Displaying items by tag: Protection

For over two years now Canada’s Department of Foreign Affairs and International Trade together with foreign minister Lloyd Axworthy have been promoting human security as a central theme of Canadian foreign policy. This approach signals a shift in perspective which takes people, rather than states or territory, as a principal point of reference in international affairs. The agenda seeks to address a range of threats – particularly those which stem from violent conflict – to the safety and security of individuals. It aims to complement rather than replace existing approaches to protecting national security and to promoting international development. The human security approach is a response to the profound changes that have…
Jennifer F. Klot directed Graça Machel’s secretariat for the UN Study on the Impact of Armed Conflict on Children. She has worked with international nongovernmental organisations, private foundations and multilateral agencies in the area of human rights, youth development, women’s rights, and development planning in both the United States and in Africa. “The report on the Impact of Armed Conflict on Children is testimony to the millions of children who have been killed, injured and permanently disabled as a result of armed conflicts. It is testimony to countless others who have been forced to witness and take part in horrifying…
There have been an unprecedented number of both natural and conflict-related disasters in recent years. Much has been learned about how to reduce the risk of disasters and prepare communities to respond and increased attention has been given to protecting vulnerable groups in crisis contexts. There are now numerous case studies and toolkits on gender and humanitarian relief and the body of knowledge is growing on age and disability. But there is one area about which we still know very little - the experience and needs of an estimated 21 million lesbian, gay and bisexual people believed to be affected…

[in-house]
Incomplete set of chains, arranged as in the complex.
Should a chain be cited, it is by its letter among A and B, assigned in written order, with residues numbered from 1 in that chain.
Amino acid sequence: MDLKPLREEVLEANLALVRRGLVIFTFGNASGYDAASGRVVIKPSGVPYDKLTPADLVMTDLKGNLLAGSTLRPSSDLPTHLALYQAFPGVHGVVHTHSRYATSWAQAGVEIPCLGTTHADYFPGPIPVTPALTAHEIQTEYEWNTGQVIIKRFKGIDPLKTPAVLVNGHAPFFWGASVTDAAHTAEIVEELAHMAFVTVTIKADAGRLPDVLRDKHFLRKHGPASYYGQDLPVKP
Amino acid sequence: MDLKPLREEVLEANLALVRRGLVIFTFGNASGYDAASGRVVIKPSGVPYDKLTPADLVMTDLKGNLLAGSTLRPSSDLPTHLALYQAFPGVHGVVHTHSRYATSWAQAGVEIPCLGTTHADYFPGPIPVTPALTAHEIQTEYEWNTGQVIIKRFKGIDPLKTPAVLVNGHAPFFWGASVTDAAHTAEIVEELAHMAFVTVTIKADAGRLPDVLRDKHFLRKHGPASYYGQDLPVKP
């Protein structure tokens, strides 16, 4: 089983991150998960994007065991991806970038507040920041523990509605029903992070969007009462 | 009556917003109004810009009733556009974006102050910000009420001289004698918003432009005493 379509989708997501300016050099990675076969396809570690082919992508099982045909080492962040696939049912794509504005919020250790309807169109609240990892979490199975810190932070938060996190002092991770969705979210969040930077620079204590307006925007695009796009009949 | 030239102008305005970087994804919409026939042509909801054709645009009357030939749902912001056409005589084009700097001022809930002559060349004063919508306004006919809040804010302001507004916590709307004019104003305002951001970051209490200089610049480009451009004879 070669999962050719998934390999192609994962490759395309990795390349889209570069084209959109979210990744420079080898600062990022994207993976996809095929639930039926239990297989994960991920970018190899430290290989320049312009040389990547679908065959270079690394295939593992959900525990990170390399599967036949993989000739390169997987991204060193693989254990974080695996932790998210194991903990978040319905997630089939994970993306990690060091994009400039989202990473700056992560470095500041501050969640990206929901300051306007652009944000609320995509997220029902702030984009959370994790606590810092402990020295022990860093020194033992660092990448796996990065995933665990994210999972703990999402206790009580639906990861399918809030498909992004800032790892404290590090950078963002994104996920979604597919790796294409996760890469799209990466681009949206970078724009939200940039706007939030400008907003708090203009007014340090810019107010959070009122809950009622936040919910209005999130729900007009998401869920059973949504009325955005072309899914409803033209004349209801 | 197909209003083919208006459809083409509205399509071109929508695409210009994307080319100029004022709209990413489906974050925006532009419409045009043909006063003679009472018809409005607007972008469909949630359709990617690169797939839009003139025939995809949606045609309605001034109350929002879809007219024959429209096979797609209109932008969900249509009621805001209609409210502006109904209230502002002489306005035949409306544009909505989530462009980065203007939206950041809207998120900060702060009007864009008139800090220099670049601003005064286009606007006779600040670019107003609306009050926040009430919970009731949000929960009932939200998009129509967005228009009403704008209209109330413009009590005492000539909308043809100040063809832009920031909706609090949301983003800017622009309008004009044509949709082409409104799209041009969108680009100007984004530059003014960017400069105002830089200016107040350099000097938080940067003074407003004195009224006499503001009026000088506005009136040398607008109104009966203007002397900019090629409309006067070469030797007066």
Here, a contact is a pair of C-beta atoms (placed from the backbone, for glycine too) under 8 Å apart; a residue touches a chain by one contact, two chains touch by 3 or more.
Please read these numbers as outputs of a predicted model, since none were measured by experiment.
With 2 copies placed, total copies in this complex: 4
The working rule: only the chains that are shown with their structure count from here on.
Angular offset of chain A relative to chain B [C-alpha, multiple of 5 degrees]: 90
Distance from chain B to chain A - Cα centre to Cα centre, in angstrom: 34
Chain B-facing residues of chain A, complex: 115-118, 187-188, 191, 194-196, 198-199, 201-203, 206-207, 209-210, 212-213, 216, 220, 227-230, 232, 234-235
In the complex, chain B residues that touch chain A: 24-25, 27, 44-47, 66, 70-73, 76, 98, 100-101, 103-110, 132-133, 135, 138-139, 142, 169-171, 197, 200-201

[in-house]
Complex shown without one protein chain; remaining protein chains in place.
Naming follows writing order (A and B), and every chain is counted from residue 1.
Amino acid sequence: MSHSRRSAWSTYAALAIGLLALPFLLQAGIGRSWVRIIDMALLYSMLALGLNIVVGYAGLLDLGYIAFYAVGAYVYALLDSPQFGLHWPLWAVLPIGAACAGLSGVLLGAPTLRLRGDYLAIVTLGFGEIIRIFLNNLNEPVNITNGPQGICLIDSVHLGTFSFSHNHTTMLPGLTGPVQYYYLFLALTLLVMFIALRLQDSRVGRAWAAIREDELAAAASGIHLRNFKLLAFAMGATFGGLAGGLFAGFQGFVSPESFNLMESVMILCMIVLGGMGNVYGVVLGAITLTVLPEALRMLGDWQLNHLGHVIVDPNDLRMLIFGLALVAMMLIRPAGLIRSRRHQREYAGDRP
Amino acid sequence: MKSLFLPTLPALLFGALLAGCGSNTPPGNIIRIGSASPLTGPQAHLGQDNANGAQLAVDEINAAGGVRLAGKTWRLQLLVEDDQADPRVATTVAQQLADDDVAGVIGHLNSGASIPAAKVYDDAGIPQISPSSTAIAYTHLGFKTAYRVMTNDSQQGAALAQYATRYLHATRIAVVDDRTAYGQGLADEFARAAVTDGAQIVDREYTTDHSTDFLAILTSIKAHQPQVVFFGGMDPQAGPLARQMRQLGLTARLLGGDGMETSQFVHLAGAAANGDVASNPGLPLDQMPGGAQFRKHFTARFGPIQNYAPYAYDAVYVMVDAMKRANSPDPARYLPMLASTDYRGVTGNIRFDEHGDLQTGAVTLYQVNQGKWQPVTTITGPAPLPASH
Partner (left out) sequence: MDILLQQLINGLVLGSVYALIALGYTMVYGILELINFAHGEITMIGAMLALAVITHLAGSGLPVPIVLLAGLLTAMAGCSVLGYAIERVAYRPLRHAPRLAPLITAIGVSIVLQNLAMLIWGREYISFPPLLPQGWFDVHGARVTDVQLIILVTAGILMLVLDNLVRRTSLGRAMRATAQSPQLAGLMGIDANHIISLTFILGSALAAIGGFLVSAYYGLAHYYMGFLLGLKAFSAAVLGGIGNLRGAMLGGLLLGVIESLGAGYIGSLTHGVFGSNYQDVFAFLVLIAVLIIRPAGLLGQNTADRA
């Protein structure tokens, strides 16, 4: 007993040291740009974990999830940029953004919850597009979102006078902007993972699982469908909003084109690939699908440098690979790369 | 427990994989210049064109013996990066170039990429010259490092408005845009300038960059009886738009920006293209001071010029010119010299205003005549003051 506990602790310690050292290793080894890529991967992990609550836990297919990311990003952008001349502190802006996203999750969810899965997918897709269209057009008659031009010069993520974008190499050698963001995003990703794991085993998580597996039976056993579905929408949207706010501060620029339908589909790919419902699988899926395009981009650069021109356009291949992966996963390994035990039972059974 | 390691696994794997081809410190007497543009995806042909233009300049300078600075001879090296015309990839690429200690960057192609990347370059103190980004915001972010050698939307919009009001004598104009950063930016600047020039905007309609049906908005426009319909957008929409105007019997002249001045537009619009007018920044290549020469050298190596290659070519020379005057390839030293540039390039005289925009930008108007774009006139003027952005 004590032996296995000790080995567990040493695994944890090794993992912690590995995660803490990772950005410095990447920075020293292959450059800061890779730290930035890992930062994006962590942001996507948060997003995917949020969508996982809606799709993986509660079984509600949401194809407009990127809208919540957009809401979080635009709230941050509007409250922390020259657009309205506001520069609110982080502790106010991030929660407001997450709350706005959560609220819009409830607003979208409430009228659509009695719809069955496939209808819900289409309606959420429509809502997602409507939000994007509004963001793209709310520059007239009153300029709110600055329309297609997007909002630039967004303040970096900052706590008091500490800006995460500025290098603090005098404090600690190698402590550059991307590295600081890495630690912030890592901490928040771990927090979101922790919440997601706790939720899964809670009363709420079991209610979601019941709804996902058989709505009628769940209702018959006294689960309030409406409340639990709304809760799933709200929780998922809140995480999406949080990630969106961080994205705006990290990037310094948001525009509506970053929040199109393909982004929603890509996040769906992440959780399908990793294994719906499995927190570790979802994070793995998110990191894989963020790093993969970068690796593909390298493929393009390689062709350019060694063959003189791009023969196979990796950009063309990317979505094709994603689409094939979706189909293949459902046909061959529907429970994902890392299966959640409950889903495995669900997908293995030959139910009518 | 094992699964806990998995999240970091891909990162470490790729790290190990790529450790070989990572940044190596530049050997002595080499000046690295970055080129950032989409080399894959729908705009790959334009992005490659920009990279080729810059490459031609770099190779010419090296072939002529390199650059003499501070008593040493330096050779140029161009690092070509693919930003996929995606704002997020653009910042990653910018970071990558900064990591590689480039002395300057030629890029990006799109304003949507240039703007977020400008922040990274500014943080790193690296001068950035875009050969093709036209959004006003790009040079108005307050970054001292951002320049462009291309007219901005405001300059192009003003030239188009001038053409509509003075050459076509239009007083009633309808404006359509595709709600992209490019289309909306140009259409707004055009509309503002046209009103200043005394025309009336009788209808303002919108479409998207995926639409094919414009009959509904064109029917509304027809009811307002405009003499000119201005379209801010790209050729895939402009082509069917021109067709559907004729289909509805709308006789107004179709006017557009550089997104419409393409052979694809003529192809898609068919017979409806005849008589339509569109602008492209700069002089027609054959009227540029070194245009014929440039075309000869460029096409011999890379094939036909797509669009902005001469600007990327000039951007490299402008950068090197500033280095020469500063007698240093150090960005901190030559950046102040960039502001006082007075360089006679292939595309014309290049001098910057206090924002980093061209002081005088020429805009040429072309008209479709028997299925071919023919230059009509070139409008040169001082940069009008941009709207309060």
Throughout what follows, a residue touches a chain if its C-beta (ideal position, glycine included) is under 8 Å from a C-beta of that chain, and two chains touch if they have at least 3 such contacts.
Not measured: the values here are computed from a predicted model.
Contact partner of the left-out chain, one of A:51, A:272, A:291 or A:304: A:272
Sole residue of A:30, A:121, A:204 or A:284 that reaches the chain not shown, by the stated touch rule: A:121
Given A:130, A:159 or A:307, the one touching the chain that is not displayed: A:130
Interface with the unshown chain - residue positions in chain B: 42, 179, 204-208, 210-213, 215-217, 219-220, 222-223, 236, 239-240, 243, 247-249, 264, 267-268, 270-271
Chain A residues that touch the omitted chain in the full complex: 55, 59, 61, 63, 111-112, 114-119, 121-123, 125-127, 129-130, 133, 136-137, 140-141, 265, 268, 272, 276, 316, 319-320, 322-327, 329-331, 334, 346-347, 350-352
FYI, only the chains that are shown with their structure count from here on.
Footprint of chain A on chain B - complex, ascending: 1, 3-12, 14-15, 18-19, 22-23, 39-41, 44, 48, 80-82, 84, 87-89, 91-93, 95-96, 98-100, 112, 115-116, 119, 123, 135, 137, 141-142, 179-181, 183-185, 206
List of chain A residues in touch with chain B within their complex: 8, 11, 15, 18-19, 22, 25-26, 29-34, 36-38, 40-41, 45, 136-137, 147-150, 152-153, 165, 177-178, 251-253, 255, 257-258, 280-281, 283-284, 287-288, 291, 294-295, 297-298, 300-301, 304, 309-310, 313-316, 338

This article argues that internal armed conflicts in India do not receive adequate attention from humanitarian agencies in the country. It seeks to outline some of the dilemmas that humanitarian agencies operating in India encounter in attempting to secure humanitarian space, whilst also working in situations of armed conflict.[1] The article argues that these dilemmas arise partly on account of the manner in which many agencies have adapted their role to complement the Indian state, and also due to the chronic nature of the challenges the country faces (immediate humanitarian concerns requiring long-term developmental solutions). These factors have made it…
Poor harvests in 2011, and then armed conflict and violence: people in northern Mali have been hit doubly hard. They are no longer able to meet their basic food needs. The majority of rural households owe their livelihood to farming and livestock activities. They have not had time to recover from the effects of drought, which has reduced their food security in recent years, and they are now suffering from the negative effects of conflict as well. Food is scarce and expensive and people have no income to buy what they need. Their resilience capacity has been severely depleted by…